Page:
Breakfast Cereal Prices to Increase Due to Climate Change
By: The Atlantic May 29, 2014
The price of popular breakfast cereals is set to soar over the next 15 years as a result of climate change, argues a new report from Oxfam International.
If left unchecked, the effects of climate change on basic cropsólike rice, wheat, and cornócould drive up the cost of Kellogg's Frosted Flakes in the U.S. by up to 20 percent by 2030, according to Oxfam's analysis. Corn Flakes could also rise up to 30 percent in the U.S., and up to 44 percent in the UK, while the cost of General Mills' Kix cereal could go up by between 12 and 24 percent in the U.S. And that's on top of any other price increases due to inflation.
The new report, called "Standing on the Sidelines," also calls out what Oxfam dubs the "Big 10" food and beverage companies for not doing enough to combat climate change by cutting emissions from their agricultural supply chains and lobbying for governmental action.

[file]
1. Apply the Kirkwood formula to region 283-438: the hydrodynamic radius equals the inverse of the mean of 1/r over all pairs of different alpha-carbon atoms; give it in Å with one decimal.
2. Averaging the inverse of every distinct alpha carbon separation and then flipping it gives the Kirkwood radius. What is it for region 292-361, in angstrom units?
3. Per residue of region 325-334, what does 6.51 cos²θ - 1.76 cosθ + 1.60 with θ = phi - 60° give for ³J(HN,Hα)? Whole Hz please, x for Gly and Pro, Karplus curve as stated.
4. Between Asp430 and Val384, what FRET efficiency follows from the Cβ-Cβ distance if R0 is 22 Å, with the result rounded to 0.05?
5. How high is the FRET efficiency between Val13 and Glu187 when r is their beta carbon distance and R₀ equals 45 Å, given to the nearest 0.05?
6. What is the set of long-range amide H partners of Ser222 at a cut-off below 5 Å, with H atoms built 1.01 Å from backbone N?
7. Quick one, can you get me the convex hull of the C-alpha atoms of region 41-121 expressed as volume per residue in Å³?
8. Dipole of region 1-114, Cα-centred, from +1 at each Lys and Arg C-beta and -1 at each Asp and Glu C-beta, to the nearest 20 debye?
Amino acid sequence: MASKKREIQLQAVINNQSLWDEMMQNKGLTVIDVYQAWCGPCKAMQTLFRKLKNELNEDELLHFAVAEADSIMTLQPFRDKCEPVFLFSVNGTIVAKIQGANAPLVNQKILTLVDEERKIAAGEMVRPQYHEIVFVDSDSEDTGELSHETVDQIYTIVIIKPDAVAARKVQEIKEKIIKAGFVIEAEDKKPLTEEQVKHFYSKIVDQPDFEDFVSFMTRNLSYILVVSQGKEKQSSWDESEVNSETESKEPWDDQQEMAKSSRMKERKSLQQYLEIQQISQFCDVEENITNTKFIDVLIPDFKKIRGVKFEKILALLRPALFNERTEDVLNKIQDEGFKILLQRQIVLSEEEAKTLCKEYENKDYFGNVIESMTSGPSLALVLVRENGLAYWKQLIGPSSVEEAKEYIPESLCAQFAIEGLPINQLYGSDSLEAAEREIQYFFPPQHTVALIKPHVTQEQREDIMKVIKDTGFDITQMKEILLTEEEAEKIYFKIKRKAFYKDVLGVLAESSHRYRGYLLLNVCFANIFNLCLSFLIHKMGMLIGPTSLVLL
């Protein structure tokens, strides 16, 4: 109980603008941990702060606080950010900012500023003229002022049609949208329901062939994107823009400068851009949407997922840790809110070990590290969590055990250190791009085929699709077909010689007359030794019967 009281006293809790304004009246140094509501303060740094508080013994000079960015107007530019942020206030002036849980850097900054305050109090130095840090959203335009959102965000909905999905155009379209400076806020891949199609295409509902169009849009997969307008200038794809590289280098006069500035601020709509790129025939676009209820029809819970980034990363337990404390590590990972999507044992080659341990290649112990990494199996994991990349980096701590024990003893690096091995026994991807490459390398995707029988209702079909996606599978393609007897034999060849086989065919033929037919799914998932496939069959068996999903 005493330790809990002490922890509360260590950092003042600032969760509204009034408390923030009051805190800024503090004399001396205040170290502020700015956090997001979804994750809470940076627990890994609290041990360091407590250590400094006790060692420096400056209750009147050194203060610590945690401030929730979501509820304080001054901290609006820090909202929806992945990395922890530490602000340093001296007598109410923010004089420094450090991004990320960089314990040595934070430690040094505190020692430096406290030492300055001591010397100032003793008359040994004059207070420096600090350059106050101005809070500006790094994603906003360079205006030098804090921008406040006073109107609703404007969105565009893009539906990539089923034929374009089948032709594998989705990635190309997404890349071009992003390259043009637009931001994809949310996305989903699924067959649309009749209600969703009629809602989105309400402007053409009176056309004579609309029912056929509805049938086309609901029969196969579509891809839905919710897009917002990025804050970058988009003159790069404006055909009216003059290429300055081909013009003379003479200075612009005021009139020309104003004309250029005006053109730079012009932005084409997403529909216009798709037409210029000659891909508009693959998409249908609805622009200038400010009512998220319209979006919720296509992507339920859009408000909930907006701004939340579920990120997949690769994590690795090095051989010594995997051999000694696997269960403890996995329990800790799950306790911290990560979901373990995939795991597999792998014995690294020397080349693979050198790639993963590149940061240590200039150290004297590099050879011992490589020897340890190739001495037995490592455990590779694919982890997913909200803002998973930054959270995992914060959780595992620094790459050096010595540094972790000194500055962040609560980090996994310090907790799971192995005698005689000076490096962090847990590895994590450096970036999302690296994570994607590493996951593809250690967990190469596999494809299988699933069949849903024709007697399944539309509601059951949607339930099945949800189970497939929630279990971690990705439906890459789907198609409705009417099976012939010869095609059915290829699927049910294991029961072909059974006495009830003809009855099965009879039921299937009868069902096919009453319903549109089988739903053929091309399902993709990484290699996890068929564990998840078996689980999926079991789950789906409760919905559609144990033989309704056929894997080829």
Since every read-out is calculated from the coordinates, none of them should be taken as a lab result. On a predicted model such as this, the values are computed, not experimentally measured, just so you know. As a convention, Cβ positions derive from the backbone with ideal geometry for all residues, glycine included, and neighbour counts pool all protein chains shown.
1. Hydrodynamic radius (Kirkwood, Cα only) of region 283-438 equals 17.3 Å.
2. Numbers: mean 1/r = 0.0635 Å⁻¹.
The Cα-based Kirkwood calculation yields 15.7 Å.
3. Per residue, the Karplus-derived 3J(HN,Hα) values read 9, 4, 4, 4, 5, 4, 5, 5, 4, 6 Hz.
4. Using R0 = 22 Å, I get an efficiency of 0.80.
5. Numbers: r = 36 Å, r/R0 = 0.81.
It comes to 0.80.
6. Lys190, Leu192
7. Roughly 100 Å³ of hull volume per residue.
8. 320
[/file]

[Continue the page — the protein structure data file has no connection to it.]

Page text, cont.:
Oxfam argues that warming is already having an impact on the American breakfast table. "In rich countries at the moment, we're starting to see the impacts in people's pockets, having to pay more for the products that they are used to consuming on a daily basis," says Oxfam's Tim Gore, one of the report's authors.
Staples like corn and rice will double in cost by 2030, with half of that increase due to climate change, according to the report. To estimate the impact this will have on the retail prices of specific products, Oxfam constructed a model using "historical grain and consumer product prices, product ingredient lists and nutrition labels, and historical examples of how rising commodity prices affect retail prices."